Shooting The Shorties

It’s not what you think
37

Mossberg 590 Shockwave finished in factory Cerakote.

Several years back BATF approved the use of 14″ barrel shotguns equipped with the Raptor-head grip as a “firearm” per the Gun Control Act (GCA), but not a Class 3/NFA firearm. A 14″ barrel shotgun using the standard pistol grip is still a Class 3 firearm falling under the National Firearms Act.
Unlike with other shotguns, a buyer must be 21 years of age to purchase a “pistol grip” firearm.

Mossberg came out first with their Model 590 Shockwave in 2017 and currently has over a dozen variations with 12-gauge, 20-gauge and even .410 models available.

Remington followed shortly afterward with the Model 870 Tac-14, 12-gauge.

Common Misconceptions

Although these short shotguns have been around for several years, there remains a lot of misconceptions about them. The first is it’s meant to be fired from the hip and this is what I have observed most often.

Can you hit when hip-shooting a shorty? Absolutely, but it takes a lot of practice and when fired in this manner the normal tendency is to shoot high. I was once told by someone who considers himself an expert on-all-things-tactical, “You can just ‘walk’ the rounds onto target like you would if shooting cans with a .22.”

Two problems with this. First, cans don’t shoot back and at the ranges the shorty will be fired at. The time spent missing may be a matter of life or death — yours.

Legally, morally and ethically you are responsible for every projectile fired. Say it takes you three rounds to “walk” the rounds to the target hitting with the fourth. When firing 00 buckshot this can be between 27 and 36 pellets that missed the target and have the potential of hitting an innocent person.

If the Raptor grip is held against the front of the hip instead of slightly to the side, the sling stud and grip will recoil (sometimes painfully) into the shooter. After the first time this is usually a self-correcting problem.

The Right Approach

The correct technique is to bring the gun up to eye level and use it just like a standard shotgun except it isn’t shouldered. When I say “eye level,” I do not mean to hold it close to your face, as it will recoil into your noggin. Again, a self-correcting problem.

When so employed, the Shockwave is capable of surprising accuracy. The bead front sight is more than capable at the close ranges it is intended for. The Raptor grip soaks up recoil much better than a standard pistol grip such as found on the Mossberg Cruiser shotguns.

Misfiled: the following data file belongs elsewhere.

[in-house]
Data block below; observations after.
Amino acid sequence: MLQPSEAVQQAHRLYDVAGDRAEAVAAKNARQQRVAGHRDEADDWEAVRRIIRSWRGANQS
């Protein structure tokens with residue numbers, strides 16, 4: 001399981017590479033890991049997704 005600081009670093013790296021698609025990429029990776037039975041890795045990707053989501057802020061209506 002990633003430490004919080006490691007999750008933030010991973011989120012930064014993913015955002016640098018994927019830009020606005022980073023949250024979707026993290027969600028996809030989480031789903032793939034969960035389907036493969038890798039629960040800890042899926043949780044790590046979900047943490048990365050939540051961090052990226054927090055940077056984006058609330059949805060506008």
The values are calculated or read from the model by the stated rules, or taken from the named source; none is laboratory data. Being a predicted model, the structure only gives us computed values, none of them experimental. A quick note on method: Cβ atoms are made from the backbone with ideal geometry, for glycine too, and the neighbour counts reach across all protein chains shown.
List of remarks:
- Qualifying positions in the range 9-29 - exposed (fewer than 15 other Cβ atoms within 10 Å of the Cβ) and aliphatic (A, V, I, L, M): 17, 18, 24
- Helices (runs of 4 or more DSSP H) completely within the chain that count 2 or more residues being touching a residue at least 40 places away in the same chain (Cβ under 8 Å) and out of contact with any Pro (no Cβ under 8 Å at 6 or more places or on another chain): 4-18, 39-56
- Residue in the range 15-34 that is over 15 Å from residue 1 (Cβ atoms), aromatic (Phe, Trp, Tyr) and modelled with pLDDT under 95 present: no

Remington’s Tac-14 may or may not have a strap on the forend, but the strap on the Shockwave is not there for looks. It’s important to use as it keeps your hand from wandering in front of the short barrel. It is also an aid to recoil management, especially with heavy loads such as buckshot or slugs.

Recoil can be further mitigated using isometric tension by pushing forward on the forend and pulling the Raptor grip rearward. The pump-action can be easily manipulated while at full extension.

Correct shorty technique is to bring the gun to eye level and
use it just like a standard shotgun, sans stock.

Feeding A Shorty

The capacity of the Remington Tac-14 is four plus one in the chamber. Capacity of the Shockwave is five plus one. If shooting the new Mossberg 590S Shockwave with 1-3/4″ shell, capacity is eight-plus-one (see GUNS cover, January 2022).

Accepted loading technique with a standard stocked shotgun is to hold it with the primary hand and maintain a firing grip. The stock is held between the chest and arm. Keep the muzzle pointed downrange toward the target and feed fresh shells with the support hand.

Due to the short Raptor-head grip, this method does not work with the shorties and it’s nearly impossible to maintain a firing grip.
I’ve found the easiest way to load is to hold the shorty in the support hand with loading port facing up and then load.

What’s It Good For Anyway?

With different techniques and some perceived drawbacks, some may ask what these short shotguns are good for.

The variants of the shorties really come into their own where space is at a premium. A few of these would include an RV, camping trailer, an aircraft or a boat.

If kept in cruiser ready (full magazine and hammer down, ready to cycle), it could also be a handy anti-carjacking device in the front of a passenger vehicle — quick to come into action and easy to manipulate in close confines.

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